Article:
I wouldn’t say that I received any earth-shattering revelations during those three hours, but I did fully recognize–in some cases for the first time–some things about God’s gentleness, my own deep desire to control everything, and the absolute necessity of contentment to the Christian life.  Of course, another topic of meditation might have taught me something entirely different, and that’s the lovely thing about solitude–what you do with the solitude is up to you, so the experience can be different every time.  I plan to incorporate this discipline by taking one of these three-hour mini-retreats quarterly–i.e., every three months.  I should add, by the way, that the three hours seemed to go by much more quickly than I expected.

If you’d like to share your own experiences with either Sabbath rest or solitude, or if you’d like to tell how you plan to incorporate these disciplines into your own life, please comment below!

Remembering the Sabbath Day

This is the first of my posts describing specific items that will become part of my “rule of life”–see July 15’s post for an introduction.

The spiritual practice that most caught my attention during the class, as both something I’m not currently doing (at least not very well) and something I’d really like to do, was a weekly observance of the Sabbath.  I’m not just talking about going to church on Sunday–I already do that–or about not going into the office on weekends.  Observing the Sabbath means choosing one day per week (it probably will be Sunday for me, but it doesn’t have to be for everyone) to rest in a deliberate manner.

I know; “rest in a deliberate manner” sounds like a contradiction in terms.  But my point is that Sabbath rest is planned and zealously guarded.  It’s not the same as crashing in front of the TV at the end of the day because you’re so tired from work.  Sabbath rest will look very different for different people, but the common factors are that it happens every week (ideally on the same day every week, though I understand that this may not work for people with unpredictable work schedules), it lasts for an entire day (following the Jewish model, it could actually start on the previous evening), and it doesn’t get shoved to the side when life gets busy.  An exceptionally busy person is in exceptionally great need of a Sabbath rest.

The idea of observing Sabbath comes from two biblical passages: the creation in Genesis 1-2, in which God works for six days and then rests on the seventh, and the Ten Commandments in Exodus 20, in which God commands his people to keep the seventh day “holy” (i.e., set apart; special).  This command is elaborated on elsewhere in the Jewish law and clarified (never abolished) in the Christian New Testament.  Even people who don’t accept Scripture as authoritative in their lives often understand from experience that a weekly day of rest is physically and mentally restorative–and not merely a luxury, but a necessity to function at full capacity.

As I mentioned before, the actual observance of the Sabbath will look different for different people.  This is the “Sabbath policy” (subject to revision) I plan to put into effect for myself beginning next Sunday:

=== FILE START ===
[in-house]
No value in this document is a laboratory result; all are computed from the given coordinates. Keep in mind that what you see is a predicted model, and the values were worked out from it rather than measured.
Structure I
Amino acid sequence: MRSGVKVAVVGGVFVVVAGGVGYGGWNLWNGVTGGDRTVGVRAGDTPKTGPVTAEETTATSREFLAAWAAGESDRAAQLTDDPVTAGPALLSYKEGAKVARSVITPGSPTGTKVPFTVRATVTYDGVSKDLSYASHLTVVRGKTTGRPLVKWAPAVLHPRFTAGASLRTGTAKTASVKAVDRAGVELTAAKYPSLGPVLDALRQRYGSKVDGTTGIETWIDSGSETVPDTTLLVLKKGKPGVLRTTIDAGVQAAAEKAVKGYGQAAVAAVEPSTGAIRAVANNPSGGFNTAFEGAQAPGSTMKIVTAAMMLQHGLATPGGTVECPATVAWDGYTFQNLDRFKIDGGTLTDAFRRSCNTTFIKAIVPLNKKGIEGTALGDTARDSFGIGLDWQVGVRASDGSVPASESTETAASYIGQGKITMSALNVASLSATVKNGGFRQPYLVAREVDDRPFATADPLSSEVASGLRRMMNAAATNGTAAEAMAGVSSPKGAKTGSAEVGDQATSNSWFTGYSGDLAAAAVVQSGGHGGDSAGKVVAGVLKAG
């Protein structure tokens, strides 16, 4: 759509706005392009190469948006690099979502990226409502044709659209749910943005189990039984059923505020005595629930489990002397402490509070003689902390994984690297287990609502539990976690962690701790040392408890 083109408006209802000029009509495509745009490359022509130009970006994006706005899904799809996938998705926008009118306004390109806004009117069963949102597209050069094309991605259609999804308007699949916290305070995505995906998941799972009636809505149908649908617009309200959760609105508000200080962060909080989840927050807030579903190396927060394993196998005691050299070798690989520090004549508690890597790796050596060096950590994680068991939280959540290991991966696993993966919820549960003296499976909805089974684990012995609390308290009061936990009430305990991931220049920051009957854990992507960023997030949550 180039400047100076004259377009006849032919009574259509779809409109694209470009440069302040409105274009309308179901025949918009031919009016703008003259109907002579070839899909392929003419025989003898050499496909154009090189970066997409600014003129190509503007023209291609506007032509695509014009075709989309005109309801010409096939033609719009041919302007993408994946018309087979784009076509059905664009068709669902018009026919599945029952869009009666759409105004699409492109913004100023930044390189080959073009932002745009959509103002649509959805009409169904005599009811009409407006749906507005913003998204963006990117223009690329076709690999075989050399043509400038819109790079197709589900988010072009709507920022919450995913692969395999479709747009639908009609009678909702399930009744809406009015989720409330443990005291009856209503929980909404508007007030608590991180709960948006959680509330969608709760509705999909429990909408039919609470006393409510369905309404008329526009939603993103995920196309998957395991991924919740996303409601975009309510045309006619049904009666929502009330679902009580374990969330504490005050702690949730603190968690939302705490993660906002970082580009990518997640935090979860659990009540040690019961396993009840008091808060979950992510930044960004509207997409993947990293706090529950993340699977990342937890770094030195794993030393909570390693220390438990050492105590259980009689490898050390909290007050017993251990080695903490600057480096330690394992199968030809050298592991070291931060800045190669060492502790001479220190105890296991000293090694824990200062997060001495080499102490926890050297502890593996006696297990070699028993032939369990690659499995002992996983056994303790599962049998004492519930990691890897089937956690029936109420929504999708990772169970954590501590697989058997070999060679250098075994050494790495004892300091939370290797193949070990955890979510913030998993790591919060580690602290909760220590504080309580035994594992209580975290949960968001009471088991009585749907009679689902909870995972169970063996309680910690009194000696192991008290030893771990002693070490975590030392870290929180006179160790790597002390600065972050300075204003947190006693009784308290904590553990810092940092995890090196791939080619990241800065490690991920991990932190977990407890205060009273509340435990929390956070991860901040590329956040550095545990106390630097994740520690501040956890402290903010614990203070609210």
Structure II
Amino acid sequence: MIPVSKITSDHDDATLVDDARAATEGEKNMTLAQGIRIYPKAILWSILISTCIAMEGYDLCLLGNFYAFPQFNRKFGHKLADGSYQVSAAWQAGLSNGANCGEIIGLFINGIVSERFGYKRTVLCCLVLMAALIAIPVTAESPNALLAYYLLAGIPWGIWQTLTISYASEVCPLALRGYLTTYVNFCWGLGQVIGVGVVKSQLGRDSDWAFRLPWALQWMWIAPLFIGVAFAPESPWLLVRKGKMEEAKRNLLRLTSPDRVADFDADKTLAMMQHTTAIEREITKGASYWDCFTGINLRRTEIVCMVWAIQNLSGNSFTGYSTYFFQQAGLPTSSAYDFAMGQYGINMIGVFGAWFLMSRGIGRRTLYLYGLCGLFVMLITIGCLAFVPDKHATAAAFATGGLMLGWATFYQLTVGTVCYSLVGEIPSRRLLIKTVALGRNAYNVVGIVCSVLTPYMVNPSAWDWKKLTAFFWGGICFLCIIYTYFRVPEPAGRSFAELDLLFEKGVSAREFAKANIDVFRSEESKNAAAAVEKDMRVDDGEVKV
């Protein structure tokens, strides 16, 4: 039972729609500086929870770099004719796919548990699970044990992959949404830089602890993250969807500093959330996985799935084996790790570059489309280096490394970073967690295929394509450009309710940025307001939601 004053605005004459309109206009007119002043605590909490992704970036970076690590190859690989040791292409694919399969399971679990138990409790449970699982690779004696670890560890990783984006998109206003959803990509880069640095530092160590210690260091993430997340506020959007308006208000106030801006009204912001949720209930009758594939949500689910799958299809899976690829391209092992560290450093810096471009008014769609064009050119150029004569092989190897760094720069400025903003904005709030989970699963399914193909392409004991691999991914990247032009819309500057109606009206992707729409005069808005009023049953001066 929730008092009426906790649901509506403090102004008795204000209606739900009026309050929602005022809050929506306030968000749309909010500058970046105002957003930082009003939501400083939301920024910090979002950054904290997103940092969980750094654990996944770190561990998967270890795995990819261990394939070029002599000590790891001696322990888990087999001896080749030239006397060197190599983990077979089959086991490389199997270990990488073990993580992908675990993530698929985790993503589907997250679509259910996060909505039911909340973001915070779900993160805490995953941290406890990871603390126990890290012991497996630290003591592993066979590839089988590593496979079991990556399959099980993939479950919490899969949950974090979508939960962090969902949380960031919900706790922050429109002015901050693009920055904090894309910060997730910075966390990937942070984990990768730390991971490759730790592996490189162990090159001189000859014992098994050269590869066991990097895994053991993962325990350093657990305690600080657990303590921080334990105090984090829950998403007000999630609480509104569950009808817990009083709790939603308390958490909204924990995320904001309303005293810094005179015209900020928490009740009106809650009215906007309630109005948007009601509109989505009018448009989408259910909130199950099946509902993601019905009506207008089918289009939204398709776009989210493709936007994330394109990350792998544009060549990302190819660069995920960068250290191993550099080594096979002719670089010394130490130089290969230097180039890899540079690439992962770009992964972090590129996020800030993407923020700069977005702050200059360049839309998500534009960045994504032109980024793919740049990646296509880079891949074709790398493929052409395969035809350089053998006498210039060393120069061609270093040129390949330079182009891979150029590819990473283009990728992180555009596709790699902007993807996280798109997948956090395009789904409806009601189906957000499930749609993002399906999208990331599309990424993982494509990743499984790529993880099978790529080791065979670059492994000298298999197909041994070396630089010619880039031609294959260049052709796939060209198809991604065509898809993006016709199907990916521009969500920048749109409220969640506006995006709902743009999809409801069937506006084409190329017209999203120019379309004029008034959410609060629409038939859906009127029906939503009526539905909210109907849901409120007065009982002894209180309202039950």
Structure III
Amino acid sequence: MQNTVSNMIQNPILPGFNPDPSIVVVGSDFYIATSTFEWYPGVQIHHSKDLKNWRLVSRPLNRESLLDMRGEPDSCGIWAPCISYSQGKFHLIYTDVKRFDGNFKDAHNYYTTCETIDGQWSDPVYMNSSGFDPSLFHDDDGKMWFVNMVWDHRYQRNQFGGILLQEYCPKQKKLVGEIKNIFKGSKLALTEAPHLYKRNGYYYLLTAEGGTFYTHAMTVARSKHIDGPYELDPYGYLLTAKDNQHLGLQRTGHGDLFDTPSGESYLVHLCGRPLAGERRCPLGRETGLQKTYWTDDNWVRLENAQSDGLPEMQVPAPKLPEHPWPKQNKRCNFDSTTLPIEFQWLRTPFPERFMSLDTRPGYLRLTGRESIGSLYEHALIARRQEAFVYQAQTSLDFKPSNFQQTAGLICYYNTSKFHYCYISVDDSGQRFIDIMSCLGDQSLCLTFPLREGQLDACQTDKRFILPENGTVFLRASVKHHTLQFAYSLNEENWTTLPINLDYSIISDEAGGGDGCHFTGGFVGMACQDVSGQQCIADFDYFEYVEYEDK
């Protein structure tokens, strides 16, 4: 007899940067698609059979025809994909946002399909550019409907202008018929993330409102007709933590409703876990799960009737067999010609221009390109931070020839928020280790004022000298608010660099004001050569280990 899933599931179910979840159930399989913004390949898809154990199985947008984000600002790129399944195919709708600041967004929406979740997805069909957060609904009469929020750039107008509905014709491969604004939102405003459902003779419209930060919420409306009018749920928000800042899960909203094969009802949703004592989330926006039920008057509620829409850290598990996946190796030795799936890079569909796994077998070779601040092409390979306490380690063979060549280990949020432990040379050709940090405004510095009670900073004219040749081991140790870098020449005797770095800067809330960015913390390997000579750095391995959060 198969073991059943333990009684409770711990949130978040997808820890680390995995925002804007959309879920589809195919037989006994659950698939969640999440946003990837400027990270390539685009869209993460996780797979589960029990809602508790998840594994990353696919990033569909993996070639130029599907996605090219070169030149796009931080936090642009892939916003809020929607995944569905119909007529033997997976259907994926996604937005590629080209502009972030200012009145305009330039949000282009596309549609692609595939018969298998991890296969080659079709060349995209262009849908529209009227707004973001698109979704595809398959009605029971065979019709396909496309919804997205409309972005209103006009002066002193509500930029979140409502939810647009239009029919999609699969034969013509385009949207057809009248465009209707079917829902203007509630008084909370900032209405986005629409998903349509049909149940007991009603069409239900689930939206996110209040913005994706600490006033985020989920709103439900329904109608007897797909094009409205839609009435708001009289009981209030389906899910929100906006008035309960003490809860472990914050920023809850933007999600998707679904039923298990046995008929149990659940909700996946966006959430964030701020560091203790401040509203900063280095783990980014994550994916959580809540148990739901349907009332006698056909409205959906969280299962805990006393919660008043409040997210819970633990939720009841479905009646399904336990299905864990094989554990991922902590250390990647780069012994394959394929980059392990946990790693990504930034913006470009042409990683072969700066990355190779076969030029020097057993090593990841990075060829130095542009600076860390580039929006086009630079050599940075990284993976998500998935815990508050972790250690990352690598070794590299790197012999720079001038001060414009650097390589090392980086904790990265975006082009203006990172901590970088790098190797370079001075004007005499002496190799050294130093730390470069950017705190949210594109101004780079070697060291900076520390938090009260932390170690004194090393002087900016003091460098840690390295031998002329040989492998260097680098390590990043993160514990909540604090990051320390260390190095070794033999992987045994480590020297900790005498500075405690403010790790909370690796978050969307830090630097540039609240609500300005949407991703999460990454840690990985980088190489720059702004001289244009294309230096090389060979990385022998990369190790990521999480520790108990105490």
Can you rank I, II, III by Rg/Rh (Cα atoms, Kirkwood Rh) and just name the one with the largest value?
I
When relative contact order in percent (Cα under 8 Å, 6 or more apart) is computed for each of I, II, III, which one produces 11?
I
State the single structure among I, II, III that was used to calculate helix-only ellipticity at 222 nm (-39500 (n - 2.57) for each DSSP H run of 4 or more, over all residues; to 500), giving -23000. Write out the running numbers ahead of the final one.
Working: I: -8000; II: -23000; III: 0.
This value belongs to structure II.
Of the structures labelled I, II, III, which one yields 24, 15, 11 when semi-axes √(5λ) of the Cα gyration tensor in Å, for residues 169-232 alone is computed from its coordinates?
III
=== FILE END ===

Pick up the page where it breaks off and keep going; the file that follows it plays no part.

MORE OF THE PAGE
1. No checking email
  2. No job-related* work of any kind, including grading (This may motivate me to work more efficiently during the week!)
  3. Perform a short ceremony to mark the beginning and end of the Sabbath.  This will usually be as simple as lighting a candle on Saturday evening and again on Sunday before I go to bed.
  4. Include other people in my Sabbath celebration whenever feasible.  (Note: Solitude is a separate practice, which I’ll write about in a later post.  I included this item because my tendency is to be a hermit on Sundays, but since I’m now treating Sunday as a little holiday, it makes sense to be with other people.)
  5. Increase the quality and (probably) quantity of the time I spend at church.  (Important note: Some people have no need to do the second part of this and should probably spend less time at church–I’m talking about those people who get burned out serving in every ministry.  But I’m not always mentally and spiritually “present” when I’m in church, and I tend to escape as soon as the service is over, so I’m challenging myself to enjoy my church–by that I primarily mean its people.)

I’m looking forward to implementing this first part of my rule of life.  What about you?  Let me know how you observe, or plan to start observing, a weekly Sabbath rest!

*For me, I think it’s okay to do work that has nothing to do with my career, like mowing my lawn or grocery shopping, although I’ll probably try to do those things on Saturday.

Crafting a rule of life

This week I audited a course at Regent College in Vancouver, called Taking Your Soul to Work.  (I really enjoyed this week of professional development and vacation, and I’m already thinking about doing it again next year.)  Going into the course, I was excited to learn about a theology of work, but I didn’t realize how much of the content would be drawn from historical Christian traditions such as desert monasticism, the Benedictine Rule, and Ignatian spirituality.

The main action item I gave myself based on the course is to craft my own rule of life, which is a new concept for me. A rule of life is a slate of spiritual disciplines, developed on one’s own and/or with the input of trusted advisors, to be incorporated into one’s life at set intervals: daily, weekly, annually, etc. Despite the rigid connotations of the word “rule,” the term in this context implies a “life-giving rhythm” (to quote Eugene Peterson’s paraphrase of Matthew 11:28-30 in The Message).  Rather than more items on a to-do list, the disciplines are a way to become aware of God’s presence amidst the “secular” activities of one’s life.  (Another idea we discussed in this class: There’s no such thing as a secular activity.)

A rule of life can include, among many others, such practices as observing a weekly Sabbath rest, reading Scripture daily, praying the examen prayer (more on this is a later post), and taking a semi-annual silent retreat.  My initial instinct is to sit down for an hour and quickly knock out a rule for my life, but I think it will be wiser to process what I’ve learned this week and craft my rule one item at a time.  My plan is to blog about this process along the way.  Want to join me?